5 Solutions to Help Perfectionists Get Things Done

Jul 14, 2014, Written by Sue Miley

iStock_000016960928SmallGetting things done is important to everyone, but especially the small business owner.  Actually, we have to get a lot of different things done.  And we have to get them done and meet the customer or stakeholder’s expectations.

This can actually be a tall order at times depending on the customer’s expectations.  We all have customers that range from just give it to me “as is” to can you change this one last thing for the tenth or twentieth time.

So we have to manage the customer’s varying expectations.

What about our own expectations?  I know this is not a problem for everyone, but I do see it a lot in entrepreneurs.

It may be a little bit perfectionist tendencies and another portion of just spread out the work until it is due.  Combined, these two can be a killer.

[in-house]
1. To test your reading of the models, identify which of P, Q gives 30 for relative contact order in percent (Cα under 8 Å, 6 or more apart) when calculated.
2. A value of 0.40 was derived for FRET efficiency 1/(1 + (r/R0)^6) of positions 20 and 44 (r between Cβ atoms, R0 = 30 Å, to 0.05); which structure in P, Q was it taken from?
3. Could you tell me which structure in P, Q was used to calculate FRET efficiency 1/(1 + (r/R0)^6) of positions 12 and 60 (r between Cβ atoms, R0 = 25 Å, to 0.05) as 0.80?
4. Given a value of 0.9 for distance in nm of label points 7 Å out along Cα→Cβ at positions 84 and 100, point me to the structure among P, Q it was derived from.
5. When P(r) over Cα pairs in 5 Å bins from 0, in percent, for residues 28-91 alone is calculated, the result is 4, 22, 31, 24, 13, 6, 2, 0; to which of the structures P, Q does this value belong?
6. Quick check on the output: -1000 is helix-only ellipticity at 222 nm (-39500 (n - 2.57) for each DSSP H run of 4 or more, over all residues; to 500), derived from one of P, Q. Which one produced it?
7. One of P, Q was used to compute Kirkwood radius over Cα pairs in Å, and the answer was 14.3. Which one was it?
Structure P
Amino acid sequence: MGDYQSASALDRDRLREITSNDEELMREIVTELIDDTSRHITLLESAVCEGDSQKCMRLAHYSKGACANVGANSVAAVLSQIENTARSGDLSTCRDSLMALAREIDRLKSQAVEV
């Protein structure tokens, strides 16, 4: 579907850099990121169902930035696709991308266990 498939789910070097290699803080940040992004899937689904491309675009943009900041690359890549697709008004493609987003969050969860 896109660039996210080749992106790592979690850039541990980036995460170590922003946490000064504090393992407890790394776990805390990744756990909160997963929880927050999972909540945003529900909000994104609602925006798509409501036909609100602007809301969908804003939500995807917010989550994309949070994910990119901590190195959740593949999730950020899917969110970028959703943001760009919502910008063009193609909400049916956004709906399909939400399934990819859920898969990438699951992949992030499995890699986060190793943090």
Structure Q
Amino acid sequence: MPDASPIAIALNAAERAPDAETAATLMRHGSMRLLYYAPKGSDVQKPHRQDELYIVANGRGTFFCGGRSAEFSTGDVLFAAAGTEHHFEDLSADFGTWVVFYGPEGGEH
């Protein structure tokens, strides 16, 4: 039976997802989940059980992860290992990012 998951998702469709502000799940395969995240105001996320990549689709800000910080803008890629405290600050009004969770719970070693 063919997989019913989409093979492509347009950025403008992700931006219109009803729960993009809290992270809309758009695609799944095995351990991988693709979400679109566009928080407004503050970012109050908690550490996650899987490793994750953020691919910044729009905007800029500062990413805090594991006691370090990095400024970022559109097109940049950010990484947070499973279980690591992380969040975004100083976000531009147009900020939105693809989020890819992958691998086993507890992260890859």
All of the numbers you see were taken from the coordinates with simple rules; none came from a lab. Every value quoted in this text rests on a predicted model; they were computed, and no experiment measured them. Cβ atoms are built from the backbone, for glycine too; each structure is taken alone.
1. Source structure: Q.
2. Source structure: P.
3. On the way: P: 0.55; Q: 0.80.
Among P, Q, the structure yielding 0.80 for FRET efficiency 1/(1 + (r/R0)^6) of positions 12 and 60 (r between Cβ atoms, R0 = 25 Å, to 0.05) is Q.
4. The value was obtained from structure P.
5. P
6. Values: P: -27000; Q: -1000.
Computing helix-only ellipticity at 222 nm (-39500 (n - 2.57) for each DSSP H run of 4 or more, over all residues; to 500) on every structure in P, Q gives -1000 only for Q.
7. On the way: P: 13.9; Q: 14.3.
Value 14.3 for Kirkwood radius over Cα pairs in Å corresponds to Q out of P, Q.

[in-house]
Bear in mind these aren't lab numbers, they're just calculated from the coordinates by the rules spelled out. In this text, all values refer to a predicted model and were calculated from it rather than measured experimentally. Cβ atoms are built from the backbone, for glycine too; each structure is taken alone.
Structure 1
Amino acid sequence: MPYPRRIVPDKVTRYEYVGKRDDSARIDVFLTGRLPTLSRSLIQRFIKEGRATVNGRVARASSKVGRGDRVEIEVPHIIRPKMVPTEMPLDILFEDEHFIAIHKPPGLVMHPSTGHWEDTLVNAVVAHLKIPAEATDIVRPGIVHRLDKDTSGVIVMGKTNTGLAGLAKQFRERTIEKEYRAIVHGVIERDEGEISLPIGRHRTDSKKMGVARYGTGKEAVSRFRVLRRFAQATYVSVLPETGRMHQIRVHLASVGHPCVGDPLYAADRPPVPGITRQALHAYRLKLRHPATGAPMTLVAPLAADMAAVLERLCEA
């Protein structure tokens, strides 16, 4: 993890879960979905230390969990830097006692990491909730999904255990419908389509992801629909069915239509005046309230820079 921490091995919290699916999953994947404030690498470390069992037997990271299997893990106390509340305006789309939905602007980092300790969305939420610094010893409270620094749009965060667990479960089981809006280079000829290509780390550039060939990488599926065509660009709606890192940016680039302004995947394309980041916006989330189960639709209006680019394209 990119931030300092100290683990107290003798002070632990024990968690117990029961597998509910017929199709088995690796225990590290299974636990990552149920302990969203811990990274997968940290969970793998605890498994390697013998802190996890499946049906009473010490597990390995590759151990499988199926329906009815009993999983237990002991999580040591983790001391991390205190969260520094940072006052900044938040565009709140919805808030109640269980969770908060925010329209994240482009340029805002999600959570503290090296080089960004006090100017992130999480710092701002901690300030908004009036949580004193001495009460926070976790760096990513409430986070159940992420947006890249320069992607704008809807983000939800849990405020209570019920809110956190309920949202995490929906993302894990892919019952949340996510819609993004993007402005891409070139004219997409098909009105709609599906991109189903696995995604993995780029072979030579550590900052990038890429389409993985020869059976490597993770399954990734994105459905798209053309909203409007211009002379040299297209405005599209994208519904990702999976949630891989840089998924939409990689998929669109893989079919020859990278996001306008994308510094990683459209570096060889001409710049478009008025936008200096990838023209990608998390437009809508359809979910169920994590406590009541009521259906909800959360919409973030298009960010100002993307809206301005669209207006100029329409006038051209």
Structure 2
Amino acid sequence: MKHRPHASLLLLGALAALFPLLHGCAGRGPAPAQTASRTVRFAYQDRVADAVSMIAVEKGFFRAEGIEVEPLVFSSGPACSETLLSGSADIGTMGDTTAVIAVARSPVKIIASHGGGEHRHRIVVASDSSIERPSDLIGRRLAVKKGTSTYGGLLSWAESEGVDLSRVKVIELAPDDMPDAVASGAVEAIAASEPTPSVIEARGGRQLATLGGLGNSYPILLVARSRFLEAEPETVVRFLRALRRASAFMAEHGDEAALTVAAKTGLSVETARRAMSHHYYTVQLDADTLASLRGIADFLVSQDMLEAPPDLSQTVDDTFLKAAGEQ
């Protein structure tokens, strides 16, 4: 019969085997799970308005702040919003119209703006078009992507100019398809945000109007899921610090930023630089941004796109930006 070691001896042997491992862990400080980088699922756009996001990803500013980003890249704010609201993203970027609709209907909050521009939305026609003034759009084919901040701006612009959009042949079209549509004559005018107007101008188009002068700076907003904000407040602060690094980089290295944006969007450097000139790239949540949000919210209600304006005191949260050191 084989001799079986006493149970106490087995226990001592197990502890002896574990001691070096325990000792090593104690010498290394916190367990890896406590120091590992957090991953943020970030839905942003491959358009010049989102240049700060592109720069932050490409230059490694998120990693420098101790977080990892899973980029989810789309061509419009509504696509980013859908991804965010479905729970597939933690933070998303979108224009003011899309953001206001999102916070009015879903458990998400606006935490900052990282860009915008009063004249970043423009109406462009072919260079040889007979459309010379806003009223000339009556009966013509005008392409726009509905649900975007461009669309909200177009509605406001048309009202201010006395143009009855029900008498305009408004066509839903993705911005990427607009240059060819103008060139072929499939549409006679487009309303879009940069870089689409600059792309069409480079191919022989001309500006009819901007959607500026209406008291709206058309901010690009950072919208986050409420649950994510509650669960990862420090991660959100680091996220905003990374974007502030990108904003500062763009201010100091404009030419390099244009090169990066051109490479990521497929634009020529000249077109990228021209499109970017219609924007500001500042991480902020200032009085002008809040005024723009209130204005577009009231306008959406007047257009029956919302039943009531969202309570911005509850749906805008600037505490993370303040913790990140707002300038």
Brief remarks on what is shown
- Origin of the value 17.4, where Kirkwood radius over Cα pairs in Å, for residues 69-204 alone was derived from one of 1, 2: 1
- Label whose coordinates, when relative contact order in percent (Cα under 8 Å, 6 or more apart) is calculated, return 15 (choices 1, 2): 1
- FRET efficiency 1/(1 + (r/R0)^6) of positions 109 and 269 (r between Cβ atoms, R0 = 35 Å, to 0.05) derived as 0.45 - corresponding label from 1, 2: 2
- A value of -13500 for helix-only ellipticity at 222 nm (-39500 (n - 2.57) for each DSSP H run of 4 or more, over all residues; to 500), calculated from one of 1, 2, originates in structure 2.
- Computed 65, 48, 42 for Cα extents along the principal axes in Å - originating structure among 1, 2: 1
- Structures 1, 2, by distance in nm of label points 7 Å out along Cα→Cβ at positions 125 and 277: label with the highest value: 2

Why?  If you are only spreading out the work until it is due, what is the problem?

It is the cumulative effect that bites you.  If you are working “too long” on a project:

  1. It may no longer be profitable.
  2. It may keep you from accepting other projects because you don’t have enough time.
  3. It may cause other projects to be late because you used up all of your time on one project and you have less time on other projects.
  4. It may cause the quality to deteriorate as you try to make up the time on the other projects.  (The antithesis of what a perfectionist wants to happen.)

And in a worse case scenario, it could create a combination of all of the above.

How do you change this?

Realistically, it may depend on if it is truly a clinical perfectionist issue, but assuming you have the normal issues we all have, here are some suggestions.

  1. Set a time budget and stick as close as possible to it.  You have been doing this awhile now.  Make your best estimate and see if you can stay within the time budget.  Provide the service or item to the customer and base your success on if their expectations were met, not on whether you could have done a little better with more time.  The improvement created with more time has diminishing returns on your time investment.